Kulani Nkuna
3 minute read
16 Nov 2013
7:00 am

Eat your art out

Kulani Nkuna

It could have been that somebody forgot to pay the sangoma for good tidings during the launch of the Bombay Sapphire Imagination Room pop-up shop in Rockville, Soweto.

ON VIEW. Guests admire works at the Bombay Imagination Room in Soweto. Pictures: Refilwe Modise.

The rain pelted down and in some cultures rain on important occasions is a sign of bad luck.

However, the weather dovetailed nicely with jazz band Planet Lindela’s blues, who played John Coltrane in a tent. The band’s bassist cut an old-school figure with his fedora hat and played with a cigarette in his mouth without even touching it until its demise.

Inside the exhibition room, art works hung on the walls and Jodi Bieber images related to various aspects of the township drew a lot of attention from the guests.

The exhibition was curated by Soweto arts group Mashumi Art Projects, with the specific focus on placing it at one of the most iconic settings in the township – the old Panyaza chisa nyama – for just three weeks.

With the aim of recognising Soweto as an artistic and cultural hub, The Bombay Imagination Room hopes to give Sowetans and visitors alike the opportunity to interact with art in an emotive setting.

The hope is that visitors will no only infuse themselves with internationally acclaimed works from some of the finest home-grown artists, but also engage in artistic conversations and new forms of expression.

“At Mashumi, we always place a strong emphasis on audience development,” says the company’s director, Roli Mhlanga.

“Our gallery on Vilikazi Street has proven that people here are passionate about art, and that is why we believe that this will be a succesful venture.


“The artists that are on board are exceptional and the combination of well-established artists and up-and-coming artists will add a great dimension to the different works every week.”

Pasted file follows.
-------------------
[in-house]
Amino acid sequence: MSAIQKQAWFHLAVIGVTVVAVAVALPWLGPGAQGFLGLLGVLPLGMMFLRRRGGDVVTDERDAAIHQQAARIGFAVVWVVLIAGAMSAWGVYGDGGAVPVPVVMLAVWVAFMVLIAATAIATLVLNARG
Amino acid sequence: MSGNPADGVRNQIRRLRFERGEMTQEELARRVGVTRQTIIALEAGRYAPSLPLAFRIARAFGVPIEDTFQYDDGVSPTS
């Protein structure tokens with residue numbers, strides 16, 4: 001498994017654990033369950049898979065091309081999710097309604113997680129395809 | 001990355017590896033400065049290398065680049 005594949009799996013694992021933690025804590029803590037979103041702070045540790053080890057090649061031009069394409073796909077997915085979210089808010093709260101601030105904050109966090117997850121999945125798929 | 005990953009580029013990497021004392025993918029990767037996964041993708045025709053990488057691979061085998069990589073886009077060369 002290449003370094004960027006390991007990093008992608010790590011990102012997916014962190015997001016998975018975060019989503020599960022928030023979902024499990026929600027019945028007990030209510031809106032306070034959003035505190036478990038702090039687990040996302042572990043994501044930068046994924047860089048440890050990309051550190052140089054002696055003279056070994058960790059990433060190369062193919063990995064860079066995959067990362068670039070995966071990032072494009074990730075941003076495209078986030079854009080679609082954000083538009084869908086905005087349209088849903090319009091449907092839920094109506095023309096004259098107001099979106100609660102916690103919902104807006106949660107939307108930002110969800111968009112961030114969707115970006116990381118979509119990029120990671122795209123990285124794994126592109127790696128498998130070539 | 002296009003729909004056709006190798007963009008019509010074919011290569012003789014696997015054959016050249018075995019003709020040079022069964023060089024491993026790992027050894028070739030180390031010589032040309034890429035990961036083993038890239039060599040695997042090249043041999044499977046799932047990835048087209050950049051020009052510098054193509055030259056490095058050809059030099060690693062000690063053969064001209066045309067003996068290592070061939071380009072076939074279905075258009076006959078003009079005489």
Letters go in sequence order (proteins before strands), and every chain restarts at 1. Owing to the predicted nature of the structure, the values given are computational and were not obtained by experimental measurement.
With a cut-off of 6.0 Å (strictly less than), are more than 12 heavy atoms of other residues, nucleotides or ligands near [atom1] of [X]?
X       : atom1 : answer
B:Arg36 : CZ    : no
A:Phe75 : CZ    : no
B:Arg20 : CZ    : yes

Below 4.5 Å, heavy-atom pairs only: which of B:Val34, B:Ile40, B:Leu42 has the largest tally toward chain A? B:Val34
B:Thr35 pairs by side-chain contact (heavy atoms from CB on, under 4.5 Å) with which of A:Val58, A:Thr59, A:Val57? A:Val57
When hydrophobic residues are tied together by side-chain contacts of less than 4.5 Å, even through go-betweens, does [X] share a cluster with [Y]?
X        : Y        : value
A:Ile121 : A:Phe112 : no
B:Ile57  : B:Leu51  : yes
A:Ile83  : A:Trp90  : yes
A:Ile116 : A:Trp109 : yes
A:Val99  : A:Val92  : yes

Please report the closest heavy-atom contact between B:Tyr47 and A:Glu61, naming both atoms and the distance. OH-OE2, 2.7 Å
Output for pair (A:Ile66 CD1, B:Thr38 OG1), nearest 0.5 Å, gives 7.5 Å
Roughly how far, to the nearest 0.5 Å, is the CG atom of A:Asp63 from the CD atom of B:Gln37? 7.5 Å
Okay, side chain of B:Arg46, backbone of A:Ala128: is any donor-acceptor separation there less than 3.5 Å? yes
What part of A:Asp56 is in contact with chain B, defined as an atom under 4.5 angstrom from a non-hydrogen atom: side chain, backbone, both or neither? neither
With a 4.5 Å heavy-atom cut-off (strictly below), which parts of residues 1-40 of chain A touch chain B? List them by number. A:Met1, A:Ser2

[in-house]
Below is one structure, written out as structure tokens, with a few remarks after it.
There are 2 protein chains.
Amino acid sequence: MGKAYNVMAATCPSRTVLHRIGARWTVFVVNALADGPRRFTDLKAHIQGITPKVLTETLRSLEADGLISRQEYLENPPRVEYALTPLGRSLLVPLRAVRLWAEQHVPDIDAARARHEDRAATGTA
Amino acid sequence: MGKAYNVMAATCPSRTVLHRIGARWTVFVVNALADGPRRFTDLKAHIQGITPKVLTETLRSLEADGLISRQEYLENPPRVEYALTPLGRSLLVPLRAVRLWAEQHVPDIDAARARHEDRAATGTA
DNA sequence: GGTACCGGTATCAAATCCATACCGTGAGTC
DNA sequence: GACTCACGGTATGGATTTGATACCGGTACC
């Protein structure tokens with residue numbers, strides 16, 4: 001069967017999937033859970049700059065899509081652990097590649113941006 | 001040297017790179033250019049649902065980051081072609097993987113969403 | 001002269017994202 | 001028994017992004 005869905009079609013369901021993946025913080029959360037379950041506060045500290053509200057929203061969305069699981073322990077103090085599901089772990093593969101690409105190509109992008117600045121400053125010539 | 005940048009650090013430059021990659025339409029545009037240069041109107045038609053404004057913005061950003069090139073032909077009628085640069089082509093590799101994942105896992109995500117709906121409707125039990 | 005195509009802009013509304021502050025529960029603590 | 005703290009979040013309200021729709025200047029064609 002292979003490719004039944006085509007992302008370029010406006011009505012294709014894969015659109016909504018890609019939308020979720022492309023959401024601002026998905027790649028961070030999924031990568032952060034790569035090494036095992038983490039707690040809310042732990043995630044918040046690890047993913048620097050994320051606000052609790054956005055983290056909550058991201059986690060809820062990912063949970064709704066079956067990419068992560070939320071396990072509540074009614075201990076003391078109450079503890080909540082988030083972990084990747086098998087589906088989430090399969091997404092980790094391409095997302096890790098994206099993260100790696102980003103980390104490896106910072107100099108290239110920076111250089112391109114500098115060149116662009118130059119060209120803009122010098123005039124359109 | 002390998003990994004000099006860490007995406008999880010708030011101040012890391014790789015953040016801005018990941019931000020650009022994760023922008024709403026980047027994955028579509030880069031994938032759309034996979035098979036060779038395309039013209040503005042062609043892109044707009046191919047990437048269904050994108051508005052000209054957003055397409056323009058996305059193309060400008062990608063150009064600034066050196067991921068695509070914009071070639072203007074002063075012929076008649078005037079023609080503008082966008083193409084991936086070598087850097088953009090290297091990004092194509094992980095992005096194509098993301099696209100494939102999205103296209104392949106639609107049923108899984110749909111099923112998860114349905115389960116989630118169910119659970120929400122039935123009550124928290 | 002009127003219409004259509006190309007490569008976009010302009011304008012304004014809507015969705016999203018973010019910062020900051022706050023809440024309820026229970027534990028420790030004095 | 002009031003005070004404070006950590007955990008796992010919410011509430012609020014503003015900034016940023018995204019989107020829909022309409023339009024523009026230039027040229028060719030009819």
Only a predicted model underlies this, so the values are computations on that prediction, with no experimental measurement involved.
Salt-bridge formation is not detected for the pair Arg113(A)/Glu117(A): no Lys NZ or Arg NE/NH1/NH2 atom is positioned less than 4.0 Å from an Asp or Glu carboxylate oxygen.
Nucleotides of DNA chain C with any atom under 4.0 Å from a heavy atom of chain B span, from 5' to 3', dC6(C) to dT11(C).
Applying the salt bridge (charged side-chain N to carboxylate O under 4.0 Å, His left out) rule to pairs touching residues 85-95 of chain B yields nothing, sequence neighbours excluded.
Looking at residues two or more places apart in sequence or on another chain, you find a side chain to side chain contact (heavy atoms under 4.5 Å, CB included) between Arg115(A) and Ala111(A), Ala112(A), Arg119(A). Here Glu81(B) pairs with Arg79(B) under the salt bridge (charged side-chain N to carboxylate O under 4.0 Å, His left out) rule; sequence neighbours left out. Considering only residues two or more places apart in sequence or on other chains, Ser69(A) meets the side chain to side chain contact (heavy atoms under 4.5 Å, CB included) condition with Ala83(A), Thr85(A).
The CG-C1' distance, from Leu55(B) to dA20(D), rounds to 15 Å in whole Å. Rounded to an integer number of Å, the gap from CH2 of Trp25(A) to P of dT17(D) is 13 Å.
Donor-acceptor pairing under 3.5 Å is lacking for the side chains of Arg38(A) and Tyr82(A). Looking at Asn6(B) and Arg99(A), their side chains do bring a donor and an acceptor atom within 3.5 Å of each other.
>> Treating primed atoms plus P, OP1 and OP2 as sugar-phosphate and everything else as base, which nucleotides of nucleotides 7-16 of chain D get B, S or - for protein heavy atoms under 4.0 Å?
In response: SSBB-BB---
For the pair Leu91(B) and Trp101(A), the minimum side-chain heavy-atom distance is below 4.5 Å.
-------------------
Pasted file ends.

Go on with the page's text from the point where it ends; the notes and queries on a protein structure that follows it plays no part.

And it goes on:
Each week, a different art medium, from print and performance to photography and painters, will be showcased at the gallery in a curated exhibition.

Artists include Soweto-based and Mpumalanga-born fine artist Kenny Nkosi, the internationally award-winning photographer Bieber, and pioneering painter David Koloane, whose works are part of a number of collections worldwide.

“Bombay Sapphire is proud to be associated with such a great concept, which is infused with imagination in highlighting the finest South African art,” says Leigh Hofmeyr, marketing manager for Bombay Sapphire gin.

An art exhibition would not be complete with a performance art piece.


The piece was of such a serious magnitude that it stopped the cool sounds of Planet Lindela and diverted the audience towards an interesting sight: in one of the exhibition rooms, open cans of Lucky Star Pilchards were strategically placed on the floor next to a small, inflatable kiddies pool.

Inside the pool were the contents of the empty cans and a man and a woman sat eating them in silence. At one point, they even popped open bottles of champagne, drinking it before settling back to the pilchard mess.

The piece is open to interpretation, but the official line states: “This piece creates a dialogue between an iconic brand (Lucky Star) with a broad history (of socio-politics) in relation to looking at it in the contemporary, in terms of the commoditisation of the brand within South Africa’s popular youth culture.

“Lucky Star’s commodification as an art object also brings this loss of its authentic value to a different and new market.

“Playing the house music not only acts as the pacemaker for the performance, but stands as a narrating device for making this

commentary on popular South African culture but also speaks towards the context in which/where Lucky Star is eaten and by whom.”

It should be noted that, in addition to this synopsis, the piece also conjured up thoughts of businessman and sushi king Kenny Kunene.

“Remember Andy Warhol’s iconic Campbell’s Soup print edition? Think of that in the South African context,” concluded Mhlanga.